I am new to the form but your dilemnia is all to familiar. My name is Helen Hipp and my son who will be 25 in a couple of weeks has aspergers. For many years is was non verbal so much so that I started to use sign language and visual cues. He know is very verbal and expressive and looking back it the progress is miraculous. My point is that don't give up on your child's potential it's beyond frustrating I know but your efforts are not in vain. The advice I am about to share may seem simple but here it goes. During those early tears when I took my son to some well known doctors the said "he (my son) was functiong beyond his capabilities" translated meant that his level of functioning was beyond what THEY THOUGHT POSSIBLE! They asked me what was I doing and I said " I never have thought that he could not learn it's only that he speaks a diffrent language and I had to learn that language. Today he believes in his potential. Good luck and God Bless, Helen Hipp
The first thing I would like to say is hang in there. Parenting children with special needs can be frustrating, heartbreaking, and overwhelming. But, as I am sure you can tell me more than I can tell you- it can be incredibly rewarding as well.
There are individuals known as behavioral specialists (in the states) who can help with those tasks of daily living. If you can afford to hire one I strongly recommend it. It is not a fault of yours that your child is struggling to learn these tasks: children do not come with instruction manuals! There absolutely are ways of teaching children these tasks, including some of the ideas mentioned (e.g., visual cues, charts, reward/contingency plans), all of which a well trained behavioral specialist will know how to create and help you implement.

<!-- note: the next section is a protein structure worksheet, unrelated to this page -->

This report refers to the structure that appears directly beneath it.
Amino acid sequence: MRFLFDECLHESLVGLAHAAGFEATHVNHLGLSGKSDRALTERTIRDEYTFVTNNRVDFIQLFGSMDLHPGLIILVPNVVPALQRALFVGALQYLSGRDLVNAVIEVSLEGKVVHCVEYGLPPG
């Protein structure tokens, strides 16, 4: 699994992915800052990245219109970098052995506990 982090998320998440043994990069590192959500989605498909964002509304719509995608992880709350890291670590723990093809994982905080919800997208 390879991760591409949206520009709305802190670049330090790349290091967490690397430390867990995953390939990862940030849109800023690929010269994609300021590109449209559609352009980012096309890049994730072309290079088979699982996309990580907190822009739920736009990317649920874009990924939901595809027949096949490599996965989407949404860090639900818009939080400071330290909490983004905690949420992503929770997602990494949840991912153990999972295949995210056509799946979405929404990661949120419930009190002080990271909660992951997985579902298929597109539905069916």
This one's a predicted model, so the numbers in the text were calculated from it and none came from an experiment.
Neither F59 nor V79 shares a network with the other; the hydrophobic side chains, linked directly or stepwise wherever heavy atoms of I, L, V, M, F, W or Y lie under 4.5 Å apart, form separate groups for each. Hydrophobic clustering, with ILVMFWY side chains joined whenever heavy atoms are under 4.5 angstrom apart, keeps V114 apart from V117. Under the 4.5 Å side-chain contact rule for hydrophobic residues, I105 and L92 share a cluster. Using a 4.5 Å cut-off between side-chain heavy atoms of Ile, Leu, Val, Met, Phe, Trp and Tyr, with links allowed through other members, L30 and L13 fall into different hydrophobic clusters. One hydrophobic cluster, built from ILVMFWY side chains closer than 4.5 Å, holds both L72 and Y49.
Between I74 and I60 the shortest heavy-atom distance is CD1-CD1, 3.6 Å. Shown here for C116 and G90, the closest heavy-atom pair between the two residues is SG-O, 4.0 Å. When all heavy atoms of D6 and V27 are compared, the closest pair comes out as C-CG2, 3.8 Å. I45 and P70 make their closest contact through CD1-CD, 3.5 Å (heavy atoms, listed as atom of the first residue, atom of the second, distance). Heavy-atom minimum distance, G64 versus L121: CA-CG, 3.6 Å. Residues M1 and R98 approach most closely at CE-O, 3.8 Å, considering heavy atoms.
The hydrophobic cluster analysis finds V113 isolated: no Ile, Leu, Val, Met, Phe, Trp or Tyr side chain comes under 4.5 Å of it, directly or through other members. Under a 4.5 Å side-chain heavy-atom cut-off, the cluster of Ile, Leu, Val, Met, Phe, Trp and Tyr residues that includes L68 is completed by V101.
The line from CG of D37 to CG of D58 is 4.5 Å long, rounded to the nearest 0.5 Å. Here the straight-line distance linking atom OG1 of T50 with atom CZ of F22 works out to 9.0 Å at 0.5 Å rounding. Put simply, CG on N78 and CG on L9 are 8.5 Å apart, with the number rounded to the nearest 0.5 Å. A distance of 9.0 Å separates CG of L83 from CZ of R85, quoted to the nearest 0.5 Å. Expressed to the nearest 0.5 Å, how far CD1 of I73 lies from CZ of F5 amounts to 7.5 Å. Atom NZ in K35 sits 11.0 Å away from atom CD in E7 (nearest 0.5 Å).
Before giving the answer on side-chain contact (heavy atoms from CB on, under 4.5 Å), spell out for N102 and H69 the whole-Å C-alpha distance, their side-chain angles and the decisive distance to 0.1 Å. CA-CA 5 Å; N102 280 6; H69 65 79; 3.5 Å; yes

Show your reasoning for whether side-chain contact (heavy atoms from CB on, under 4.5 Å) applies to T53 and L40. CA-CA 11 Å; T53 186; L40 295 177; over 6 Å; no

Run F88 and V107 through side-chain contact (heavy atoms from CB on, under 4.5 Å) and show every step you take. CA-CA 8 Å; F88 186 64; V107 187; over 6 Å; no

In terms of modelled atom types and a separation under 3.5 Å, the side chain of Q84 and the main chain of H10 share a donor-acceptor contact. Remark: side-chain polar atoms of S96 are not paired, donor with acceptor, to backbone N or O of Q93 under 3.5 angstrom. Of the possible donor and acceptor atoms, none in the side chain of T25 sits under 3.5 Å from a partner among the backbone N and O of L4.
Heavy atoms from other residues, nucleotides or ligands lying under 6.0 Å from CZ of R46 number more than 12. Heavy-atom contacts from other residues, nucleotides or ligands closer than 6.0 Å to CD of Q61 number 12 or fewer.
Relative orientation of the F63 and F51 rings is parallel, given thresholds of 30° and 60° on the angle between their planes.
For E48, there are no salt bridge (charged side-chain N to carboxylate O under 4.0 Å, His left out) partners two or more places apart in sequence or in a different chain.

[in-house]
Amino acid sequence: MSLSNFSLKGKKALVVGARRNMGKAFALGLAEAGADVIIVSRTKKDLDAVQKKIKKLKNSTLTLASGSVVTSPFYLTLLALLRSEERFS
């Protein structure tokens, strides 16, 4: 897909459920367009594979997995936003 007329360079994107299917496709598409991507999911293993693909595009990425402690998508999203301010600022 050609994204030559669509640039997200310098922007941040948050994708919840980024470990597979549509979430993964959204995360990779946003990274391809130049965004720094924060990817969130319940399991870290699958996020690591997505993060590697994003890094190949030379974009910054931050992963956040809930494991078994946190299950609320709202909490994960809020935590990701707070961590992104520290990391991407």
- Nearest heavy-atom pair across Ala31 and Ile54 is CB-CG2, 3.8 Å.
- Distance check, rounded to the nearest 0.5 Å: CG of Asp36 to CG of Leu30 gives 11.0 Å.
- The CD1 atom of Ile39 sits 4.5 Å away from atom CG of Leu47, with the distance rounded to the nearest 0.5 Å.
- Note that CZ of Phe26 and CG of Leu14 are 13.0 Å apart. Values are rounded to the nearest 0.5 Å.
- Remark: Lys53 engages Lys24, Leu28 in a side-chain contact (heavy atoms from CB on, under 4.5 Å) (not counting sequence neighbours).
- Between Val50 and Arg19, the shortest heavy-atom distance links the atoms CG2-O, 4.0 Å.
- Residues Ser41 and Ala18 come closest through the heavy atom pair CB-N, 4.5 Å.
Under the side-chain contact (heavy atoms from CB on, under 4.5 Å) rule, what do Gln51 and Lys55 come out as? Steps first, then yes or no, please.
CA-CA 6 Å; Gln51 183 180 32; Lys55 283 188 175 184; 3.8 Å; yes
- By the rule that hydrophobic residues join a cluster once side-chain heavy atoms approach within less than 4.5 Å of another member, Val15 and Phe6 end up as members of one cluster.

Lastly, please seek some additional support for yourself. Parenting a child with special needs is often a very selfless task and based on the distress you have described I would really advise finding ways to increase YOUR support system (e.g., talk with friends, join support groups, take up new hobbies, counseling).
Best of luck!
You are not alone, I deal with all these same issues with my 14 year old son every day. His shower only takes about 45 seconds rather then 45 mins. I have to remind him to brush his teeth, deoterant, etc... He has chores to do weekly and every week I have to go through all the steps on how to do it. I will try the charts myself and see if that makes a difference. This is my first time doing any kind of forum and I should have done this a long time ago as I did not know this was part of aspergers I just thought my son was trying to get out of the chores. I mean it is like the simple things like put water in the refrig, take out the garbage, pick up the dog poop in the yard and he has to be told over and over and over to do them. I do not have answers but I sure am learning things to help me too.